3. Refer to renal biopsy if 1 g Urine Protein/day OR 0.5 g/day and Hematuria or cell casts
    4. Acute management typically makes use of Systemic Corticosteroids AND Mycophenolate or cyclophosphamide
  6. Cardiovascular Risk
    1. Acute Coronary Syndrome risk increased in women 35-44 years old by factor of 52
    2. Reduce Cardiovascular Risk Factors (Tobacco Cessation; Hyperlipidemia, Hypertension, Diabetes Mellitus management)
  7. Neuropsychiatric symptoms
    1. Consider MRI Brain for Headache or Seizure
  • Management
  • Medications
  1. Corticosteroids
    1. Indicated as a mainstay of acute management at lowest effective dose
      1. Low dose: Prednisone 10 mg orally daily or less (most patients)
      2. High dose: Prednisone 40-60 mg orally daily (for Lupus Cerebritis, nephritis, Thrombocytopenia)
    2. Systemic Corticosteroids in moderate to severe exacerbations
      1. Prednisone 0.5 to 1 mg/kg/day up to 4 weeks or
      2. Solu-medrol 15 mg/kg IV for 3 days
    3. Skin lesions (no significant evidence to support use)
      1. Topical Corticosteroids
      2. Intralesional Corticosteroids
    4. Monitoring
      1. Serum Glucose every 3 months
      2. DEXA Scan annually
  2. Salicylates and NSAIDs
    1. Indicated for mild to moderate pain from Arthralgias, Headache or other lupus-related conditions
    2. Contraindicated in renal disease
    3. Preparations
      1. Enteric Coated ASA 650 mg PO every 4-6 hours prn
      2. Ibuprofen 400-800 mg PO tid-qid prn
    4. Monitoring
      1. Obtain Serum Creatinine and Complete Blood Count annually
  3. Cytotoxic agents (and other immunosuppressants)
    1. Hydroxychloroquine (Plaquenil)
      1. First-line agent in Systemic Lupus management
      2. Indicated for Lupus Nephritis, Arthritis and lupus-related skin lesions
      3. Dosing: 200-400 mg/day (limit to <5-6.5 mg/kg/day to reduce Macular complication risk)
      4. Monitoring
        1. Annual dilated Eye Exam
    2. Cyclophosphamide
      1. Indicated in Lupus Nephritis or severe SLE
      2. Daily dosing: 1.5-2.5 mg/kg/day or
      3. Monthly dosing: 10-15 mg/kg IV every 4 weeks
      4. Monitoring
        1. Complete Blood Count, comprehensive metabolic panel, Urinalysis every 3 months
    3. Azathioprine (Imuran)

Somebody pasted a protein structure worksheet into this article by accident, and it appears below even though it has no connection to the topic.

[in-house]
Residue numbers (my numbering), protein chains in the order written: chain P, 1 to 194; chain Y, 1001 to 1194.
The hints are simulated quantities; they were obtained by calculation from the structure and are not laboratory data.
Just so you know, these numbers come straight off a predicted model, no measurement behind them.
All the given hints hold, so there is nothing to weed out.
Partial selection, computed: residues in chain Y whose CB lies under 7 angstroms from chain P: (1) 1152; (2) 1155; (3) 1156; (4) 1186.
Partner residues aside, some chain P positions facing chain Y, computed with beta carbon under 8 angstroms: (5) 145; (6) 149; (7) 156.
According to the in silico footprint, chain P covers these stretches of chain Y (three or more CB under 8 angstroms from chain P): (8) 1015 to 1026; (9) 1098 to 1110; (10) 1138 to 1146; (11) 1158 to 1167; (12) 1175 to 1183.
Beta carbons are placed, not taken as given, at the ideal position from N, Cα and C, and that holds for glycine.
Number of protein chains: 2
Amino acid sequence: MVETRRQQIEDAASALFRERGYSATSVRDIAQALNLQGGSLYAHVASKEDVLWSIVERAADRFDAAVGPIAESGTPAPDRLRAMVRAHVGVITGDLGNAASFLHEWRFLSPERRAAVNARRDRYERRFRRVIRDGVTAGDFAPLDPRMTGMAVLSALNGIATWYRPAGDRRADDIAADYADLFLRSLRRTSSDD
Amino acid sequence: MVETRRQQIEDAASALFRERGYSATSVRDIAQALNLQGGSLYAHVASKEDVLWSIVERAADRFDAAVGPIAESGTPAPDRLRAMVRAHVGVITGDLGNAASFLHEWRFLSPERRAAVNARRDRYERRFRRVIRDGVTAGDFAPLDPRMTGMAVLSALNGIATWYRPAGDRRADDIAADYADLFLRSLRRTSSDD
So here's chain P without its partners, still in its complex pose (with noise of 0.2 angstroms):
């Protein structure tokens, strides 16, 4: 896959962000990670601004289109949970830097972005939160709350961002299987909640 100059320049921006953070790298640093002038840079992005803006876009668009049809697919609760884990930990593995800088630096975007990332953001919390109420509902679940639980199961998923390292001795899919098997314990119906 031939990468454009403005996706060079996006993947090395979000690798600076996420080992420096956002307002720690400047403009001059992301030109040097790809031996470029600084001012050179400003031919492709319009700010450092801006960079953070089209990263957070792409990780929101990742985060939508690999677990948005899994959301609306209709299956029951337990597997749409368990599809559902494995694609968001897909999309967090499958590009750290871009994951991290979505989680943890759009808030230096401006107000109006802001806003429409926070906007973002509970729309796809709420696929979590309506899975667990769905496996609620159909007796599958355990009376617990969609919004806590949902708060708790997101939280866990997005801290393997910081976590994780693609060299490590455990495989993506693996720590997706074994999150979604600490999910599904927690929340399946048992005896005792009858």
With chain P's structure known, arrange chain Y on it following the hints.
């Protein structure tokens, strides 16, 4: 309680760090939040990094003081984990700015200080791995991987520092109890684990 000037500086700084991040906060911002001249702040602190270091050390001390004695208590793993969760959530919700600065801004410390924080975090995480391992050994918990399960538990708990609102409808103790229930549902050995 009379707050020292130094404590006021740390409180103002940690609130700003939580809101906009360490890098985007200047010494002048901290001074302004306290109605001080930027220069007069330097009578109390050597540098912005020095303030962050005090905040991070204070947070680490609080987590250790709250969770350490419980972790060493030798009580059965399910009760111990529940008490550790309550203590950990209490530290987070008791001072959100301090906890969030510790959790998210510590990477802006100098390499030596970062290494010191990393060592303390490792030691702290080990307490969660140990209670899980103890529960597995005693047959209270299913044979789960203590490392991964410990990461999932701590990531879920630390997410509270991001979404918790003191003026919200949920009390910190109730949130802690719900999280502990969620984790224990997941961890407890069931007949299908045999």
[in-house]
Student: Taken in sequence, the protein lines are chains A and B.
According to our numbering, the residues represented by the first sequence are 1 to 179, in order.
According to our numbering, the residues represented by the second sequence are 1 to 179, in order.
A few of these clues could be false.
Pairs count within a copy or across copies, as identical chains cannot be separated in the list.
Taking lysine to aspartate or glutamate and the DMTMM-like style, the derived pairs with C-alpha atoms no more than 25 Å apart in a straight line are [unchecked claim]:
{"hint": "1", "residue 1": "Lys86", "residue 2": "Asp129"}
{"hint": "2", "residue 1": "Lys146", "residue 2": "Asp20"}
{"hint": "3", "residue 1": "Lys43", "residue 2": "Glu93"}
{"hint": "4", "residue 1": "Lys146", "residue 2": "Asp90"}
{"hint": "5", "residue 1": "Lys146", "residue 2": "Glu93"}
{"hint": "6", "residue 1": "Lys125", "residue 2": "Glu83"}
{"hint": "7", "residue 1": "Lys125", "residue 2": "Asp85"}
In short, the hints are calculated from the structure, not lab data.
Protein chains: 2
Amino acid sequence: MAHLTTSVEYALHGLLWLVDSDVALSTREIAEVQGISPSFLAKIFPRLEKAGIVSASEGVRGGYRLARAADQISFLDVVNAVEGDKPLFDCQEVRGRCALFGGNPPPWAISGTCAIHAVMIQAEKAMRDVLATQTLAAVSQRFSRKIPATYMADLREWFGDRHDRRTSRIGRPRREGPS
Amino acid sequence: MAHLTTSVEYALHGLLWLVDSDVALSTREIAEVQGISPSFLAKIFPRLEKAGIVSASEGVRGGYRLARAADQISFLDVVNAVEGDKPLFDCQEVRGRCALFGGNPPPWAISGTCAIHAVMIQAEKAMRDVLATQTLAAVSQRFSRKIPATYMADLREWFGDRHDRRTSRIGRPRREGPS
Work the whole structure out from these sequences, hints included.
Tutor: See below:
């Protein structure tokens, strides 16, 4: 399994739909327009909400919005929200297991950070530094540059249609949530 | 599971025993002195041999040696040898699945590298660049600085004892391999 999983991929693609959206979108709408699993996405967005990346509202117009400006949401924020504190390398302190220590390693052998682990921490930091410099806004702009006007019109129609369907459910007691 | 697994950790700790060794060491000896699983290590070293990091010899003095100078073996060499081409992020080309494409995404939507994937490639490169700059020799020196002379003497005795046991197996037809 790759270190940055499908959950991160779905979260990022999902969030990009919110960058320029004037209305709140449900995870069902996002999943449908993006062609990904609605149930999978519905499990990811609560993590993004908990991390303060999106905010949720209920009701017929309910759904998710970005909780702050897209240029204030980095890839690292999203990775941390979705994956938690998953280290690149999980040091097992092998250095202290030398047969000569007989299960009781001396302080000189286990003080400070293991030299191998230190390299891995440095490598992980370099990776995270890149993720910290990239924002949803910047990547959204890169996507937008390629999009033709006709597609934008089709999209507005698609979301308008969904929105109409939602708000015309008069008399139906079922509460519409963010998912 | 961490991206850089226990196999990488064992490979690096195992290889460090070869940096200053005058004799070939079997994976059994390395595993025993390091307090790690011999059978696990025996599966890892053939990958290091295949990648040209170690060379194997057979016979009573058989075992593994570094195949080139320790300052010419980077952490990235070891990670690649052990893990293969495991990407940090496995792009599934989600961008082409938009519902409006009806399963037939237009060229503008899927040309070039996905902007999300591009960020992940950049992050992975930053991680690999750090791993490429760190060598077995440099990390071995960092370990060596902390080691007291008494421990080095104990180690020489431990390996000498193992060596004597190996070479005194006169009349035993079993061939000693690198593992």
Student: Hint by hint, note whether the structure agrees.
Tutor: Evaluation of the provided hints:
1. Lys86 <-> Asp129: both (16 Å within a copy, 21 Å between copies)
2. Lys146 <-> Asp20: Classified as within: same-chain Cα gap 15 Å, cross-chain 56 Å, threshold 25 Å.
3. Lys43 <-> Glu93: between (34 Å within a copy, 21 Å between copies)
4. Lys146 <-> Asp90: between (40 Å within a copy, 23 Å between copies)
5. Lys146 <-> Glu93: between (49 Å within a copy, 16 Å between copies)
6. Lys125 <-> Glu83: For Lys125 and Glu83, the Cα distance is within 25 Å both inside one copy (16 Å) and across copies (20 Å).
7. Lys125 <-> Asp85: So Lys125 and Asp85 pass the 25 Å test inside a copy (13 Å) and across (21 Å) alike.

1. Indicated in Lupus Nephritis and severe SLE
      2. Dosing 1.5 to 2.5 mg/kg/day
      3. Therapeutic response and toxicity monitored with thiopurine metabolites (6-MMP, 6-TGN)
      4. Monitoring
        1. Complete Blood Count, comprehensive metabolic panel every 3 months
    4. Mycophenolate mofetil (Cellcept)
      1. Therapeutic response and toxicity monitored with Mycophenolic acid (MPA)
      2. Indicated in Lupus Nephritis and refractory SLE
      3. Typical doses: 2-3 grams/day
      4. Monitoring
        1. Complete Blood Count and comprehensive metabolic panel every 3 months
        2. Observe for signs infection
  4. Monoclonal antibodies (indicated for severe SLE)
    1. Belimumab 10 mg/kg IV daily
    2. Rituximab 1 g IV repeated in 2 weeks
  5. Anticoagulation
    1. Indicated in Antiphospholipid Antibody Syndrome (to prevent thrombotic complications)
    2. Warfarin (Coumadin) with goal INR of 2.5 to 3.0
  6. Additional measures
    1. Ophthalmology Consultation for dilated Eye Exam
      1. Initial exam on starting steroids or Plaquenil
      2. Repeat exam yearly in high risk patients
  • Prevention
  1. See Adult Health Maintenance Screening
  2. Clinic follow-up every 3 months
    1. Symptom screen
    2. Physical exam
      1. Musculoskeletal Exam
      2. Skin exam
      3. Lymph node exam
      4. Mental health and Neurologic Exam
  3. Labs every 3 months
    1. Complete Blood Count
    2. Urinalysis
    3. Specific metabolic tests (comprehensive metabolic panel is needed if on indicated medications as above)
      1. Serum Creatinine
      2. Serum Glucose (if on Corticosteroids)
    4. Lupus activity markers
      1. Anti-dsDNA
      2. Serum complement
  4. Immunizations
    1. See Adult Immunization
    2. Prevnar (and consider Pneumovax) if on immunosuppressants longterm
    3. Avoid Live Vaccine (e.g. MMR) if on immunosuppressants
      1. Do not give Live Vaccine within 1 month of immunosuppressant
  5. Other diagnostics as indicated
    1. Dilated Eye Exam yearly (if on Hydroxychloroquine)
    2. DEXA Scan yearly (if on Corticosteroids)
  6. Cardiovascular Risk Reduction
    1. See Cardiac Risk Management
    2. Tobacco Cessation
    3. Manage Hyperlipidemia and Hypertension
    4. Screen for Diabetes Mellitus
  7. Contraception
    1. Intrauterine Device
    2. Avoid Oral Contraceptives (due to Hypercoagulable state)
  • Prognosis
  1. Drug-induced Lupus typically resolves spontaneously after stopping the offending agent
  2. Overall five year survival: 91-97%
  3. Worse prognostic factors
    1. Seizure disorder
    2. Lupus Nephritis
    3. Azotemia
    4. Onset in childhood
  • Resources
  1. Lupus Foundation of America
    1. http://www.lupus.org
  • References
  1. Edworthy in Ruddy (2001) Kelly's Rheumatology, 1105-19
  2. Green (2014) Crit Dec Emerg Med 28(10): 2-9
  3. Sercombe in Marx (2002) Rosen's Emergency, p. 1607-13
  4. Ali (2018) Am Fam Physician 98(3): 164-70 [PubMed]
  5. Gill (2003) Am Fam Physician 68:2179-86 [PubMed]
  6. Lam (2016) Am Fam Physician 94(4): 284-94 [PubMed]